It is because deep down the people in Eretz Yisrael await Your imminent return, as a wife awaits her beloved husband who has gone off to war.

Never was there a generation as faithful to Jewishness as the people of Medinat Yisrael. If You just open the door a crack, You will find a people who have gleaned from all the sources of human history. There is genius here out of proportion to any country in the world:

  • Expert architects, designers and engineers just waiting to rebuild Your Holy Temple to surpass the glory and beauty of the two which were destroyed
  • Artists, scientists, men and women of profound thought
  • Courageous young soldiers who will uproot the evil in this world as they avenge what was done to Your people for thousands of years
  • Talmidei chachamim whose scope of expertise surpasses that of any previous generation
  • Rabbanim whose halachic decisions range from the most minute details dealt with by scientists to the question of reciting kiddush lavana for people standing on the moon

The moral level and dignity of man expressed even in these most difficult of times will blossom into halachic categories and embrace all of humanity.

Of course, You know about all the intriguing conversations held in taxi cabs. How many times have drivers said to me, “I am not religious”? Then they go on to say, “I never ate anything treif in my life nor would I ever drive my car on Shabbat, but I’m not religious.” How about the many teenagers who, while not dressed in very modest attire, enter their homes or buildings and always kiss the mezuzah?

Father in Heaven. We have strayed, but it is less our fault than the circumstances of our destiny. The love and devotion displayed daily here in Eretz Yisrael for the way of life You have commanded us deserves to be acknowledged by You.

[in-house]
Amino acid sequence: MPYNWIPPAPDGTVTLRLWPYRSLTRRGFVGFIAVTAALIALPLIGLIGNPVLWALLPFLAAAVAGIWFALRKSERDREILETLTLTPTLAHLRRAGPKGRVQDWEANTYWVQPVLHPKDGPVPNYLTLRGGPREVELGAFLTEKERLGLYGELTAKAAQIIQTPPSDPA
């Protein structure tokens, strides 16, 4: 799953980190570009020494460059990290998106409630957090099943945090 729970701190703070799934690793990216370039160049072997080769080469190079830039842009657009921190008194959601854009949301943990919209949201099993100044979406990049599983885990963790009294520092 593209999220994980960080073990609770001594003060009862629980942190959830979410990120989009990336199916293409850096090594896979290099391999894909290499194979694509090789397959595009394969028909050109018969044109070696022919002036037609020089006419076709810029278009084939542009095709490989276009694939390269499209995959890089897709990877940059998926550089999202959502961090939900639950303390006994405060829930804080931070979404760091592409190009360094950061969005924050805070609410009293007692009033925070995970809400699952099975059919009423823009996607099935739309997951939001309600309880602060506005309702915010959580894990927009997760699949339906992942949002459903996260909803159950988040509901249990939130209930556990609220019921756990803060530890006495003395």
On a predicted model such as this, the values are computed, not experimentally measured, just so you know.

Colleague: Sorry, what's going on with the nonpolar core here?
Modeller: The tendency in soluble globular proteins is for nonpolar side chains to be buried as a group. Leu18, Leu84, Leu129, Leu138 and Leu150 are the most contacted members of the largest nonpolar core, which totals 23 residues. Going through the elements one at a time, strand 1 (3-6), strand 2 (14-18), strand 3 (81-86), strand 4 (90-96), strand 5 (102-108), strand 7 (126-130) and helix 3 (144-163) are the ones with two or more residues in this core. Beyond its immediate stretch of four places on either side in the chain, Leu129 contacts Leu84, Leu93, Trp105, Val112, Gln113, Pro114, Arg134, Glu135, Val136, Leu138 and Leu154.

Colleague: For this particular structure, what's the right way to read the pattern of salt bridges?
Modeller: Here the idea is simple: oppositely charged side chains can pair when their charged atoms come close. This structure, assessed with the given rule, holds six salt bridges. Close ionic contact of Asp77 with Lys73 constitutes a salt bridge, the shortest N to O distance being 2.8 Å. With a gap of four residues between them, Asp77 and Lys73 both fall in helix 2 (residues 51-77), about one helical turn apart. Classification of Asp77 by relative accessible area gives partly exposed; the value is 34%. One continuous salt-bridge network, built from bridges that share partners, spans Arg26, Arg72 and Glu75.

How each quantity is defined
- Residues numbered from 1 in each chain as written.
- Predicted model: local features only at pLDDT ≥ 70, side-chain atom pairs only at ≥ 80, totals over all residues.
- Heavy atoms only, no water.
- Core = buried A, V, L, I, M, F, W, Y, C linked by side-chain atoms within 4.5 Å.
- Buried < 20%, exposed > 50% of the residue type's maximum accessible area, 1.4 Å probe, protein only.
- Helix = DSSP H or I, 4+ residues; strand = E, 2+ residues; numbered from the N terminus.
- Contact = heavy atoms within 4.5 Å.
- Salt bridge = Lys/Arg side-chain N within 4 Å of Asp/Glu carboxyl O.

There is a great nation awaiting Your return. Moshe was a great man, so much so that he could suffer to be rejected 515 times. We, however, are brittle and fragile human beings who cannot suffer rejection for very long. We overcame the Shoah. We returned to Your land. We have fought Your battles. Now the time has come to open the palace door and let Your princely children return to the glory which was once theirs.

The 15th of the month of Menachem Av is approaching. It is one of the two days in the year which the Mishna designates as “the happiest days” (the other being Yom Kippur).

Would it be so impertinent of me to suggest that this Shabbat (1950 years since the destruction of the Second Temple) would be an appropriate time for a major miracle?

The eyes of the world are upon Israel. You are the Master of drama and irony. What better way to bring down the curtain on this sad scene of 2000 years of history and open a new one of hope, redemption and kedusha!

If You open the way, even as narrow as the eye of a needle, we will enlarge it as wide as the entrance to the Holy Temple. Bring peace to Your confrontational children as a father restores calm among his feuding sons. We cannot solve the differences among ourselves, so it remains for You to show the way.

You have made us to be born from four different mothers – Rachel, Leah, Bilha and Zilpa – in order to diversify the Jewish genius, but we come from one father Ya’akov. You have dispersed us over the four corners of the globe in order to diversify our keeping of the Torah, and You have returned us home to Eretz Yisrael, just as You brought back our father Ya’akov.